“Wait a minute, give me some sort of structure here. What are you saying? You saying she’s confirmed what we know already, or that she’s telling us something new?” (237).
“I’m trying to do with
words what I’ve done
before with a state of
mind, but…” (247)
“You have to be capable &emdash; Where’s that quotation…
You have to get into that state of mind. That’s from the poet Keats…” (88).
…trembling on the brink of understanding… (93)
“Argue with anything else, but don’t argue with your own nature” (320).
“For a human being, nothing comes naturally…we have to learn everything we do” (298).
…danger could look friendly, and treachery smiled and smelled sweet… (160).
“Both the Oblation Board and the Specters of Indifference are bewitched by this truth about human beings: that innocence is different from experience” (280).
“I ought to go first,” said Lyra, “seeing it’s my fault.”
“Seeing it’s your fault, you got to do what I say.” (172)
…the strangest of pleasures: that of offering eager obedience to a stronger power that was wholly right (294).
“Be silent! You don’t want &emdash; you don’t want…you have no choice! Listen to me, because time is short . . . It’s not only the knife that has to cut, it’s your own mind” (182).
And then Serafina understood something for which the witches had no word: it was the idea of pilgrimage. She understood why these beings would wait for thousands of years and travel vast distances in order to be close to something important, and how they would feel differently for the rest of time, having been briefly in its presence (276).
Both of them sat silent on the moss-covered rock in the slant of sunlight through the old pines and thought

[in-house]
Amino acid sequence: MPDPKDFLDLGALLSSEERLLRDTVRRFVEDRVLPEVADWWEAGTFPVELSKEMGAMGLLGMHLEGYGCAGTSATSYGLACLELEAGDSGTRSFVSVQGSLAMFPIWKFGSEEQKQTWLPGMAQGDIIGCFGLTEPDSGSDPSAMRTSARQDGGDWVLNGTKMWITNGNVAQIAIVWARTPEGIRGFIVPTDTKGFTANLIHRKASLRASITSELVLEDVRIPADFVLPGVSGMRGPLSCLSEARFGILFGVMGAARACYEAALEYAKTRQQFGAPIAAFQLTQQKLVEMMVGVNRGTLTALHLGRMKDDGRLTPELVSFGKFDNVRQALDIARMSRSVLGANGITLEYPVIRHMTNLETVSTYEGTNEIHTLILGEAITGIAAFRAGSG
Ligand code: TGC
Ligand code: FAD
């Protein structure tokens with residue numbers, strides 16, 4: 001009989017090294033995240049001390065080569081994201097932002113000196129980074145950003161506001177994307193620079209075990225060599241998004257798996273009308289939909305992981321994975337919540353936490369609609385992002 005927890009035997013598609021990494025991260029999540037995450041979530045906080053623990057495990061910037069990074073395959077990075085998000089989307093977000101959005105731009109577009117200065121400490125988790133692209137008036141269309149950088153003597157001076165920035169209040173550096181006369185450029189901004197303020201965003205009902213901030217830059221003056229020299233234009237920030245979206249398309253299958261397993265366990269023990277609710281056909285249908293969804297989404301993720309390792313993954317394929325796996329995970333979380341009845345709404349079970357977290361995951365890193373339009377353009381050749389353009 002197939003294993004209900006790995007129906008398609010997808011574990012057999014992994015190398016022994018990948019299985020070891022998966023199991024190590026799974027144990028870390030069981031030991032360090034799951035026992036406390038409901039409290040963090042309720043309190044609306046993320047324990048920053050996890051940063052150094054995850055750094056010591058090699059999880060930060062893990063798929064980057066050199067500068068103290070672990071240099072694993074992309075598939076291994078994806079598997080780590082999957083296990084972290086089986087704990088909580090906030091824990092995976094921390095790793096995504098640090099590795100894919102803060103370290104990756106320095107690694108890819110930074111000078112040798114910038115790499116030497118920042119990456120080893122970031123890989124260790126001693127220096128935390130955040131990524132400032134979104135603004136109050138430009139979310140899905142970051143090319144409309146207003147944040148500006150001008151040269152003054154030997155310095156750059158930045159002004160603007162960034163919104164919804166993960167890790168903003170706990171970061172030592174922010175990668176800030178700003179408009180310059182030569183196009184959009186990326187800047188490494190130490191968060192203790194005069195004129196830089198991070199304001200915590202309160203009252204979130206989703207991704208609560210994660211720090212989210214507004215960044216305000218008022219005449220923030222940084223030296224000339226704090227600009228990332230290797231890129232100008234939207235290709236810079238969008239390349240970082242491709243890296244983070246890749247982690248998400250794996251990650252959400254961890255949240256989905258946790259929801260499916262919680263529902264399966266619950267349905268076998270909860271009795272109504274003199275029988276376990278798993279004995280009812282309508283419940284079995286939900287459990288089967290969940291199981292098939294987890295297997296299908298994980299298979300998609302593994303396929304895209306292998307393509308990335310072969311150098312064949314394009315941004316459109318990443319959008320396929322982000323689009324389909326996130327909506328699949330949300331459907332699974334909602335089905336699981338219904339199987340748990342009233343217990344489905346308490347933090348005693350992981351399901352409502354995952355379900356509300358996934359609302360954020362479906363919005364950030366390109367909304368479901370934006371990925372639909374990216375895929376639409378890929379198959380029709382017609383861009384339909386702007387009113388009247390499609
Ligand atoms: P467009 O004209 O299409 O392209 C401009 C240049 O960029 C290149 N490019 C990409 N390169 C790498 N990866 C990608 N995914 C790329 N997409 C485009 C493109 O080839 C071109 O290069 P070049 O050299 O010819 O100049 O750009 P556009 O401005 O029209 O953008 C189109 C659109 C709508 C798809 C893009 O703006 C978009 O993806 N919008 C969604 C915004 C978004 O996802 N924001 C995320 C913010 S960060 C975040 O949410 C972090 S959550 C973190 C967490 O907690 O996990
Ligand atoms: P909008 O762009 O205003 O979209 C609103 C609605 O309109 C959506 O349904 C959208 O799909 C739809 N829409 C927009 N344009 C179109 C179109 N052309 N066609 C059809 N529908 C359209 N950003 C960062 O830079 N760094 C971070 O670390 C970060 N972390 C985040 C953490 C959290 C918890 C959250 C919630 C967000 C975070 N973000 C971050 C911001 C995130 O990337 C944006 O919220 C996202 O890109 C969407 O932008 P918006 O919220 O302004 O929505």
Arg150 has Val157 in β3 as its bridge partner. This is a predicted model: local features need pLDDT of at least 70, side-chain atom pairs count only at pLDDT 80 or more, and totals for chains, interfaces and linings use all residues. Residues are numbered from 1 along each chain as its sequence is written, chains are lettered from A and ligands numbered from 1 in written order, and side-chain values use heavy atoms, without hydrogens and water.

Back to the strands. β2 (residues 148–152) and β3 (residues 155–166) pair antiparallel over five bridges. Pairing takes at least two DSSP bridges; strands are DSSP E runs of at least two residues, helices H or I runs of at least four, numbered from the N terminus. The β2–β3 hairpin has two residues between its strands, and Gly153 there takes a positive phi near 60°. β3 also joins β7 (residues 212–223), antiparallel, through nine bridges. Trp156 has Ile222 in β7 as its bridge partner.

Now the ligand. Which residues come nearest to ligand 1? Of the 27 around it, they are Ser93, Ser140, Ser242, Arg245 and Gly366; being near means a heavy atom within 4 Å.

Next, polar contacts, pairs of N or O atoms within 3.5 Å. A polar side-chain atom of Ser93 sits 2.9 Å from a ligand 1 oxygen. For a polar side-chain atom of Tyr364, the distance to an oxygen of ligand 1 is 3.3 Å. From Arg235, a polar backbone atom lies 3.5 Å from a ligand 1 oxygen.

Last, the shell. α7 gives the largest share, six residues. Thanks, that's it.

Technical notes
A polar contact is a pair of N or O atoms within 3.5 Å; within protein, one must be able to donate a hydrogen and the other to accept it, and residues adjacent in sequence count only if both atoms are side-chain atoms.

had conspired to bring them to this place. Each of those chances might have gone a different way (265).
“Relax. Don’t push. This is a subtle knife, not a heavy sword” (183).
Now you must learn to close.”
“For this you need your fingers…one hand will do. Feel for the edge as you felt with the knife to begin with. You won’t find it unless you put your soul into your fingertips” (185).
Ruta Skadi lived so brilliantly in her nerves that she set up a responding thrill in the nerves of anyone close by (270).
“You think things have to be possible?” (322)
St Augustine had said, “Angel is the name of their office, not of their nature. If you seek the name of their nature, it is spirit; if you seek the name of their office, it is angel; from what they are, spirit, from what they do, angel” (249).
Will slept uneasily, plagued with dreams that were filled with anxiety and with sweetness in equal measure, so that he struggled to wake up and yet longed for sleep again (222).
The Subtle Knife, by Philip Pullman. His Dark Materials: Book II. Previously posted are quotes from Book I, The Golden Compass.